“I have been dragging the land with the government for many years now. My lawyer is in Abuja and he has been fighting for me. The whole land is 2.9 acres and the court has asked them to settle with me. What I am expecting is money.
“Do they want me to go and steal while some people are enjoying themselves? They demolished my cocoa plantation and everything. It’s the government and our people that make people wicked. When you acquire somebody’s land, you pay them for compensation.”
‘FUNDING IS PART OF THE PROBLEM’
Michael Oluwole Ademolaju, the Oloye of Oye-Ekiti, said funding issues also contributed to why the centre has remained in a state of abandonment.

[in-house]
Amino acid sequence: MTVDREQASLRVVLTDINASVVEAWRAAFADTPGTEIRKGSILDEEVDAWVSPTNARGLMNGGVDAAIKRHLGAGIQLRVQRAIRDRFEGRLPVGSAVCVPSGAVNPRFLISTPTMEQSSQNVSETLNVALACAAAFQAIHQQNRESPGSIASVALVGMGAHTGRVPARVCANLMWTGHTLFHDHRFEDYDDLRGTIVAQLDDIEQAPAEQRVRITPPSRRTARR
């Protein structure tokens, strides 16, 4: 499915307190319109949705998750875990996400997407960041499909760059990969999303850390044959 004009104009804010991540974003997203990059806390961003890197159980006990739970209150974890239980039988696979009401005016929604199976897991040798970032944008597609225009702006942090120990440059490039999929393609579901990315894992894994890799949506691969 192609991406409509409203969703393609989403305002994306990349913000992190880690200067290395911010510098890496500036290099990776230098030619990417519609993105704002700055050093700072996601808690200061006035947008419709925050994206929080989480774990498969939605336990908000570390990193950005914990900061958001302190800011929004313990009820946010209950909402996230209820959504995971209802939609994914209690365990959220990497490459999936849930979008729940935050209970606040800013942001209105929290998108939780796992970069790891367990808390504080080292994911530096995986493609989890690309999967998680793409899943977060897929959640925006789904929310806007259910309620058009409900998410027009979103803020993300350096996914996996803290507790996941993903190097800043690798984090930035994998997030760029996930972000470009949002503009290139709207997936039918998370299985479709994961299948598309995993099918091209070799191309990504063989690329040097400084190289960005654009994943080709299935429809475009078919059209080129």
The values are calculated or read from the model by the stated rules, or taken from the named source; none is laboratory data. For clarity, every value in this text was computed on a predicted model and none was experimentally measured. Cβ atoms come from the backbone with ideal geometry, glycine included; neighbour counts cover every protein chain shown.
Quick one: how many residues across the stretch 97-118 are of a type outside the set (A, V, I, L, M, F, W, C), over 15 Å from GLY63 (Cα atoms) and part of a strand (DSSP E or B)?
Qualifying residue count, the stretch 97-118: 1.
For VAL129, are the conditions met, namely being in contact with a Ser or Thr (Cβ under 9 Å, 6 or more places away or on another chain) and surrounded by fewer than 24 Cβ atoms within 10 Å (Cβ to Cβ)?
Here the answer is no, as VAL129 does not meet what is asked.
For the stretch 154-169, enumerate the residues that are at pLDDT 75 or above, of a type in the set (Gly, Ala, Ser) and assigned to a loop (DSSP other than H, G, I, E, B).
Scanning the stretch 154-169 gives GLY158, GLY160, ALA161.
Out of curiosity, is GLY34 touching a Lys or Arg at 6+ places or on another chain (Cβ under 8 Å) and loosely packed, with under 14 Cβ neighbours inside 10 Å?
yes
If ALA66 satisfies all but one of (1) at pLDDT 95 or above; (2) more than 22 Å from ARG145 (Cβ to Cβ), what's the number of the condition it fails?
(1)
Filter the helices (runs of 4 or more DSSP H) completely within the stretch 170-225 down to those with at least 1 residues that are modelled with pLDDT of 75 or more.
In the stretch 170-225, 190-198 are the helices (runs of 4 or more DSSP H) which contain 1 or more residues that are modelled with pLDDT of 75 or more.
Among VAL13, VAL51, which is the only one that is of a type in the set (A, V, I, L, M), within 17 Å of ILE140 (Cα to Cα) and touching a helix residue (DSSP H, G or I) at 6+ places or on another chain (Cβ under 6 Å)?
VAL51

The traditional ruler said there has been a poor relationship between the government and the contractor.
He said the construction slowed down for some years, but he claimed that officials had now resumed work, although TheCable did not see any sign of ongoing construction or renovation at the centre.
“Let me just point out that the structure is dilapidated and once it’s commissioned, people will start streaming down to come and learn a trade,” he said.
On the alleged forceful acquisition of the property, the traditional ruler admitted that the community gave out the land to the government. He also confirmed that there is a form of compensation to be paid to the landowners.
“Look, the community gave out the land and the federal government took the land to start first and they still have construction,” he said.